5 steps to housing innovation for the over 50’s

I want to stay at home. Forever. In fact, research by Three Sisters Group reveals that people are more afraid of going to a nursing home or a retirement village than dying. So what can architects, property developers, and the construction industry do to reimagine and reshape housing so that we can all remain at home, in our communities, forever?

The Housing Challenge

According to Ben Myers, Executive Director of the Property Council:

“Many existing homes just aren’t suitable for our seniors to ‘age in place’; often they are older, contain trip hazards and very difficult to maintain.”

Given the majority of older Australians are choosing to stay in their own homes, the housing sector clearly has the chance to re-imagine housing. In doing so, it will provide choice and facilitate us all to ‘age in place’. Whether that’s simple renovations, makeovers, or redesigning and re-thinking housing from the ground up.  Already, a number of Australian designers such as Happy Haus, Jigsaw, and Prebuilt have demonstrated innovation in design. These ready-made houses are affordable and attractive.

The next challenge and opportunity is to imagine and co-create affordable, equally clever design to adapt existing homes to accommodate the physical and cognitive difficulties encountered by many older people.

5 Steps to Innovation

Re-designing and re-imagining homes for older people to remain exactly where they are requires creativity and understanding. In fact, understanding the difficulties and desires of older people is key to creating housing that works. We use a co-design methodology to do this. The essential steps to success are:

  1. Research – Communicating with older people and gathering knowledge about their current experience of living at home.
  2. Key Stakeholder Engagement – Engaging all those involved in the design process and gathering their views on housing design for an ageing population.
  3. Co-creation – Bringing older people and designers together to co-create a design brief, prioritising essentials against “nice-to-have’s”.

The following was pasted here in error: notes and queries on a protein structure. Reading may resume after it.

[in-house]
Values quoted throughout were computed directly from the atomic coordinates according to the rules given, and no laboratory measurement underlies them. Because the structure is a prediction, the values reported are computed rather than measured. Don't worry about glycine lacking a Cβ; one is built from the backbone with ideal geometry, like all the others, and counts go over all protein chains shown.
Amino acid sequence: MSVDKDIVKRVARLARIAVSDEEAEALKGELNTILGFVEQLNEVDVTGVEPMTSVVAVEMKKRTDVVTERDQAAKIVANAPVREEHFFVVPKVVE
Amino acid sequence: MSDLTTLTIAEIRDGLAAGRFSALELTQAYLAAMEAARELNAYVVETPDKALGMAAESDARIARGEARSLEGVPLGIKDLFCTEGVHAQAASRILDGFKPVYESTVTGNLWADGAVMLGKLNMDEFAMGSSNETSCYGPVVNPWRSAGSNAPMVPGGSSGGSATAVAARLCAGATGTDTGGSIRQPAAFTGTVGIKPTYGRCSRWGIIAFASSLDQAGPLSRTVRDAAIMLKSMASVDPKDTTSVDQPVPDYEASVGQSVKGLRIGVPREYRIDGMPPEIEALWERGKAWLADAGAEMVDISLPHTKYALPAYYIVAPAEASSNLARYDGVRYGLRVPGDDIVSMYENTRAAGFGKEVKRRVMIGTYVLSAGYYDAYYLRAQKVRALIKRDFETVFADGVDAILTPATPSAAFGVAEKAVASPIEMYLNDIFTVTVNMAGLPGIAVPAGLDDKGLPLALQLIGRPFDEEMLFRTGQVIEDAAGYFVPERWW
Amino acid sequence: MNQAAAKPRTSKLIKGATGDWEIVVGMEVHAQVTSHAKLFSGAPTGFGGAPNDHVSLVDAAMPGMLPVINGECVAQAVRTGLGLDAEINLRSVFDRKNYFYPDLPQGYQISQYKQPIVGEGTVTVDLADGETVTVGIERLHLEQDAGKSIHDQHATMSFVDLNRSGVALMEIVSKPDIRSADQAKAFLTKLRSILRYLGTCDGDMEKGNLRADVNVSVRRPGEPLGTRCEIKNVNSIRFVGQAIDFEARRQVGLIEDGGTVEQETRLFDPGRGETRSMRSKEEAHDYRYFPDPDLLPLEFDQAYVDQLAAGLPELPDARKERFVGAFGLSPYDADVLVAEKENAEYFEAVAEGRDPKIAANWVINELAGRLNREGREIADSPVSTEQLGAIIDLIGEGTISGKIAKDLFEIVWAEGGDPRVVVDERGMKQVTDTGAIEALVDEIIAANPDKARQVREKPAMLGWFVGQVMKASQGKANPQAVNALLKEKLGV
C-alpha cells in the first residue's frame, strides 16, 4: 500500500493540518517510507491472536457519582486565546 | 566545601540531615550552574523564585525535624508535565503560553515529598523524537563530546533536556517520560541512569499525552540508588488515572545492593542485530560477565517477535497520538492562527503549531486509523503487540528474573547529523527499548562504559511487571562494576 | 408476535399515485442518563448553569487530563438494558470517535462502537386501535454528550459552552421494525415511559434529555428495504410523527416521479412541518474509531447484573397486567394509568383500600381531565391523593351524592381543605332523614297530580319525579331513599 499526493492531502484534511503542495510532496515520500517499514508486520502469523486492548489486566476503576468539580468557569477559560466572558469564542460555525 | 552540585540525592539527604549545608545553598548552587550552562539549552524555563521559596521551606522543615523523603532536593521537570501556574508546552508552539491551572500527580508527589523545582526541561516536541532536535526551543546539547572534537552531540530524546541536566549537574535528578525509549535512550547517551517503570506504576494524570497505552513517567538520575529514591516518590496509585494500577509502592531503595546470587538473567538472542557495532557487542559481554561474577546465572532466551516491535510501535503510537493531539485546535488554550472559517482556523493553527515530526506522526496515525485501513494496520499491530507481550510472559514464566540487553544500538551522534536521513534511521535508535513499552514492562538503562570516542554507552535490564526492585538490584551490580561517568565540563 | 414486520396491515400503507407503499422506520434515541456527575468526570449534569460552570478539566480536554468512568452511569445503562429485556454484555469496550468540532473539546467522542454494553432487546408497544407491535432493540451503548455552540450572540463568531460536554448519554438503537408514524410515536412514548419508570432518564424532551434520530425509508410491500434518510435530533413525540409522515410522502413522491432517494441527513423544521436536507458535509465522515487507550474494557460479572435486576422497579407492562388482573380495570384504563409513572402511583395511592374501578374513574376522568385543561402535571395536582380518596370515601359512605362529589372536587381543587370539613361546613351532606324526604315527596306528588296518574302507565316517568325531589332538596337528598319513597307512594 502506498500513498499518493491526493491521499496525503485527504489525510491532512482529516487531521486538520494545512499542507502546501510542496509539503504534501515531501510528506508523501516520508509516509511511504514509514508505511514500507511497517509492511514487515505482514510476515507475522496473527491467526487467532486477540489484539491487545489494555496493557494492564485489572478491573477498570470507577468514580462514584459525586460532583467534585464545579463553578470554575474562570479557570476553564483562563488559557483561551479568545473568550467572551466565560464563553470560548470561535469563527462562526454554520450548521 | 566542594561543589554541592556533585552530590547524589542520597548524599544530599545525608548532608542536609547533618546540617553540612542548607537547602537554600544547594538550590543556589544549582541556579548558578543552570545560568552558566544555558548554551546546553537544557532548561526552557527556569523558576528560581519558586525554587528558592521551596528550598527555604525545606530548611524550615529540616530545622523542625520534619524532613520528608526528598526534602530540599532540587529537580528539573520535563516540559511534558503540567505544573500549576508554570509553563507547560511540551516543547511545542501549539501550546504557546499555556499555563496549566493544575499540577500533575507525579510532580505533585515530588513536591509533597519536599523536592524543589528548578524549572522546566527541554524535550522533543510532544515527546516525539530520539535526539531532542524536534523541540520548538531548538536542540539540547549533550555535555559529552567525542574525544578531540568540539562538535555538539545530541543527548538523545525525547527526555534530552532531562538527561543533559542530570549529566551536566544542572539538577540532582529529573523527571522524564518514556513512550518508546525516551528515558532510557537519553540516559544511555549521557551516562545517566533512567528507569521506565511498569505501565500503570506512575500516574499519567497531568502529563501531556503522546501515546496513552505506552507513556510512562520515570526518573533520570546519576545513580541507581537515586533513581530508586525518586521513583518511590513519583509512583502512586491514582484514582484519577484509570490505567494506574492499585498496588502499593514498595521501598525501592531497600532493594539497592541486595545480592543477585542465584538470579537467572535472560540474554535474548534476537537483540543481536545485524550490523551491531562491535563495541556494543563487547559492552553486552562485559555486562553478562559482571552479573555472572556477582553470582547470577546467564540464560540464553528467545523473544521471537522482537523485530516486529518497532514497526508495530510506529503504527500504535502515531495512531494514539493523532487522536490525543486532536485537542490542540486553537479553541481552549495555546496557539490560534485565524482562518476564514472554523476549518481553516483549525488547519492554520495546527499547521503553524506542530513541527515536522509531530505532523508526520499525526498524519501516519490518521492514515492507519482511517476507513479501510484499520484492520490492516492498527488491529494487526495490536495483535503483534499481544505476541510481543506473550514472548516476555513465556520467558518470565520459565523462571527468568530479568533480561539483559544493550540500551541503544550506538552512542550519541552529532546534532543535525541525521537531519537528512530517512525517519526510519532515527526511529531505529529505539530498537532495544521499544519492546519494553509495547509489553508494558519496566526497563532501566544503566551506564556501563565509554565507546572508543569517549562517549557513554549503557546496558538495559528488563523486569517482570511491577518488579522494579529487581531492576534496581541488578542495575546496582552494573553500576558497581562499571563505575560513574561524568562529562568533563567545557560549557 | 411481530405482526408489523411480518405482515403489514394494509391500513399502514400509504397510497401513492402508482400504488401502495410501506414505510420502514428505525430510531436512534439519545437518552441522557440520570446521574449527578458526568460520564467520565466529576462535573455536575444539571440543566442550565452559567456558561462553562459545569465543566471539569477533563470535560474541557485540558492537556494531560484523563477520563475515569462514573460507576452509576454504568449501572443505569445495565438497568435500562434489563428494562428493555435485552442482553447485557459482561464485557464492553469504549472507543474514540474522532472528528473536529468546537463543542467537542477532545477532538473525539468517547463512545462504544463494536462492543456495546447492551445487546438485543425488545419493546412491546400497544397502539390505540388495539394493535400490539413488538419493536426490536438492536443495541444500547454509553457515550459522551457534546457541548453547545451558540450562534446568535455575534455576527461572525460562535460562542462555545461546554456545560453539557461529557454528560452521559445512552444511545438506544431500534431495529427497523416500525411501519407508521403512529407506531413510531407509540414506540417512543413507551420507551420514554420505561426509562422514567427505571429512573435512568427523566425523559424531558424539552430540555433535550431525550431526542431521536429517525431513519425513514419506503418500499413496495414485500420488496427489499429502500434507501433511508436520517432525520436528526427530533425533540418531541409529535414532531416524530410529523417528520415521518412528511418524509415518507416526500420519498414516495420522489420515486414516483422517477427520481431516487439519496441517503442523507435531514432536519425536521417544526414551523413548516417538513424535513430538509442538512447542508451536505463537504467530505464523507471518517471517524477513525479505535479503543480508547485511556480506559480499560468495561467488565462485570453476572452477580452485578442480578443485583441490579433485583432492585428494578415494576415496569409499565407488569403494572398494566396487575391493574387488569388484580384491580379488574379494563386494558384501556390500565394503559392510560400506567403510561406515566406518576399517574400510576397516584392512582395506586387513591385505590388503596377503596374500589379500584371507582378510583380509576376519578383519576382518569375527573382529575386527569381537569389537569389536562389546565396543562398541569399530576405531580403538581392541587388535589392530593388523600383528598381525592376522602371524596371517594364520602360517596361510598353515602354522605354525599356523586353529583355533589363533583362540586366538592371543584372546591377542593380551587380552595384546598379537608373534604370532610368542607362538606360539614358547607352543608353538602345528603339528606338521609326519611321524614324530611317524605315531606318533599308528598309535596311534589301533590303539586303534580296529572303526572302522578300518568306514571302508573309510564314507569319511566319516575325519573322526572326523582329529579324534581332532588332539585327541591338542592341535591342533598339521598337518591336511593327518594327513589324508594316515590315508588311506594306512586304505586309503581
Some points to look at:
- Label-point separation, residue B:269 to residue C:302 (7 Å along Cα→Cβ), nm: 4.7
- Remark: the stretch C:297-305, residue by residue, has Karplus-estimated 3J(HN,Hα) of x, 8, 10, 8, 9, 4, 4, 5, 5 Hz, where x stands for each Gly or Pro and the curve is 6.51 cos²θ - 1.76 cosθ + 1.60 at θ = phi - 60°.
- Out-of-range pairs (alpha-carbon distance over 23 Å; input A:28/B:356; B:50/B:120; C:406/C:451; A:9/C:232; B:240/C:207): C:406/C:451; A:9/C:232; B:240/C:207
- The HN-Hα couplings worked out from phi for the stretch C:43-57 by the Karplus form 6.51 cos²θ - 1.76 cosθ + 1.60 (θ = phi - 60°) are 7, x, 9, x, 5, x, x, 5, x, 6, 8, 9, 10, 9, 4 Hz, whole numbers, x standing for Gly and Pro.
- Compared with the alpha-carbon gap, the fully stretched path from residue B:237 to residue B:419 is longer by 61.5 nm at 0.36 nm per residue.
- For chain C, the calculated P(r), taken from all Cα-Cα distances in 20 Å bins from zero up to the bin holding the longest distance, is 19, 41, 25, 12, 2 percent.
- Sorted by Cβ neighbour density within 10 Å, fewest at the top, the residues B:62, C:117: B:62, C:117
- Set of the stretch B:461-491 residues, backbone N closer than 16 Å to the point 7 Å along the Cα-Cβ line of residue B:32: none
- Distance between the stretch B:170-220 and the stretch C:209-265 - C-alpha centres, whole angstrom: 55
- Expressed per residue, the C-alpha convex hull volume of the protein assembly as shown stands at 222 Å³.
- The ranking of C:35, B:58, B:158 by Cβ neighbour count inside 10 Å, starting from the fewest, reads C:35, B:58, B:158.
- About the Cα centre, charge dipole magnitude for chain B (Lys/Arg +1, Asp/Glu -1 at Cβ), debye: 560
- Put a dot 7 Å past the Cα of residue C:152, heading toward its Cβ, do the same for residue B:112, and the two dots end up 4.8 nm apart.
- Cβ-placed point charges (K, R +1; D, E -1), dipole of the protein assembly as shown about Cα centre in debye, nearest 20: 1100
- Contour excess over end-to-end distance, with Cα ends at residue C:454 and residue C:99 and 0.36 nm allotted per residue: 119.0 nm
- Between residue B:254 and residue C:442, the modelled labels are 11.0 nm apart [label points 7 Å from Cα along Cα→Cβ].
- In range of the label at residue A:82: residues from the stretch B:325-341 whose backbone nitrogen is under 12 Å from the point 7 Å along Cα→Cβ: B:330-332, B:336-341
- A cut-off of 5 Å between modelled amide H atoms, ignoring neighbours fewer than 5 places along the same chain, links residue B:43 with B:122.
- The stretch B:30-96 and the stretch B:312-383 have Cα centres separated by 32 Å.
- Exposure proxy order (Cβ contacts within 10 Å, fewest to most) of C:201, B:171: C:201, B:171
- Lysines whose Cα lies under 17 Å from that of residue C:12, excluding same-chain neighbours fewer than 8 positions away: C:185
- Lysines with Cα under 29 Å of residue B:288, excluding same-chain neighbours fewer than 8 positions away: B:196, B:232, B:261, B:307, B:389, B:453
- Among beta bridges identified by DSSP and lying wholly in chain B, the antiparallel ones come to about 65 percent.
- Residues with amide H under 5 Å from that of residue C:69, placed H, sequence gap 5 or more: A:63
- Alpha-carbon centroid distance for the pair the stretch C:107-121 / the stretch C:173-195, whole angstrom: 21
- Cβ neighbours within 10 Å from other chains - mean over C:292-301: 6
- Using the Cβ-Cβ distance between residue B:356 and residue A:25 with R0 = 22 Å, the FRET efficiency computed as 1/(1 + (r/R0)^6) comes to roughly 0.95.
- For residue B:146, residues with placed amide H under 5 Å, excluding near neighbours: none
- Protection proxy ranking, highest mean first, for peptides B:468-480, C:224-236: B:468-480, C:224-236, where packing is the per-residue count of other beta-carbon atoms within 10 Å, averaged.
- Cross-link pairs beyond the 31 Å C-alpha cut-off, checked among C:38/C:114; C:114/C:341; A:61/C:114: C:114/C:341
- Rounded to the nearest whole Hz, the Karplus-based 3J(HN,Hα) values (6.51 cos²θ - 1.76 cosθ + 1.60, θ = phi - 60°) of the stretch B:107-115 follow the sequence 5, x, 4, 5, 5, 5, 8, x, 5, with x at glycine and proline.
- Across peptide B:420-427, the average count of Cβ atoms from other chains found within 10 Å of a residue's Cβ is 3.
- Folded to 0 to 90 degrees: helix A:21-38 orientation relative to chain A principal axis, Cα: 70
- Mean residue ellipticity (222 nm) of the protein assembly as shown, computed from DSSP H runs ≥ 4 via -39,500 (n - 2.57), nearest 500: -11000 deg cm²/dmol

4. Co-design – Co-designing workshops provide a “hands-on” environment to imagine, draw, and make models of the possibilities.
  5. Testing – Testing housing design ideas in a virtual reality environment. Older people can “walk through” a home created from ideas generated during the co-design workshop. Doing so provides valuable feedback prior to pursuing the project.

Needless to say, affordability is crucial. Consequently, we can only realise success if the co-designed housing outcomes are reasonably priced. Of course, incorporating off-the-shelf products and technology where possible is essential. Creating a new ready-made product that’s specifically suited to home adaptation for older people is also conceivable.

The Result

Communities will change. And, older people will become woven into the fabric of what makes neighbourhoods great.

And what makes a neighbourhood great?

Lists abound, however, this Heart Foundation guide to ‘Creating Healthy Neighbourhoods’ neatly encapsulates the essentials: great open spaces; ability to walk and cycle; access to public transport; easy access to shops and transport; connected and safe streets; and, spaces where the community can meet – both in the open and in community centres.

The opportunity for Australian architects, designers, and builders to initiate and implement new ideas for housing so that we can stay at home forever is limitless.

Can Australia’s housing industry lead the way on housing for our ageing population? We know it’s possible.

If you’d like to unlock the growth potential for your business of housing for the over 50’s, contact us.

Photo by Stephen Crowley on Unsplash

Housing: On the edge of disruption?

It’s a well-known fact that Australia’s population is ageing. We’re living longer and healthier than at any other time in history. And increasingly, we’re choosing to stay in our own homes as we age.  So what does this mean for architects, builders, town planners, and developers? And how big is the opportunity really?

The Facts of the Matter

In 2056 approximately one in four Australians will be 65 years or older. By 2040 it’s predicted that 6.8 million people will be aged over 65 – compared to about half that in 2012 (3.2 million). With such a large number of people over 65, and increasingly living beyond 85, housing needs are a significant issue for us all to consider – governments, businesses, and individuals alike.

There is a view that suggests older people should “downsize” because they inefficiently occupy large homes and should free up housing stock. Whilst a large proportion of older people do have one or two spare rooms (over 40%), they don’t want to “downsize”. According to a report by the Productivity Commission, 76% of Australians 60+ consider their current home as the place they’d like to live out their retirement. ‘Home’ is also an asset that’s considered useful to assist with future difficult financial events.

The Opportunity

Given the increasing size of the ageing population,  and the desire for people to remain at home and in community, there’s an opportunity for architects, builders, town planners, and developers to get creative in housing design and adaptations. Of course, governments, councils, and policy makers also have a role. Australians don’t downsize and government incentives to encourage downsizing is considered pointless. The solutions don’t necessarily lie in downsizing.  The solutions lie in adaptation because for older people:

  • Familiarity of their living environment is important.
  • Neighbourhood is important.
  • Caring for their home matters. It provides purpose and meaning in a day.
  • Community connection matters.

Home is after all home.

The Global Landscape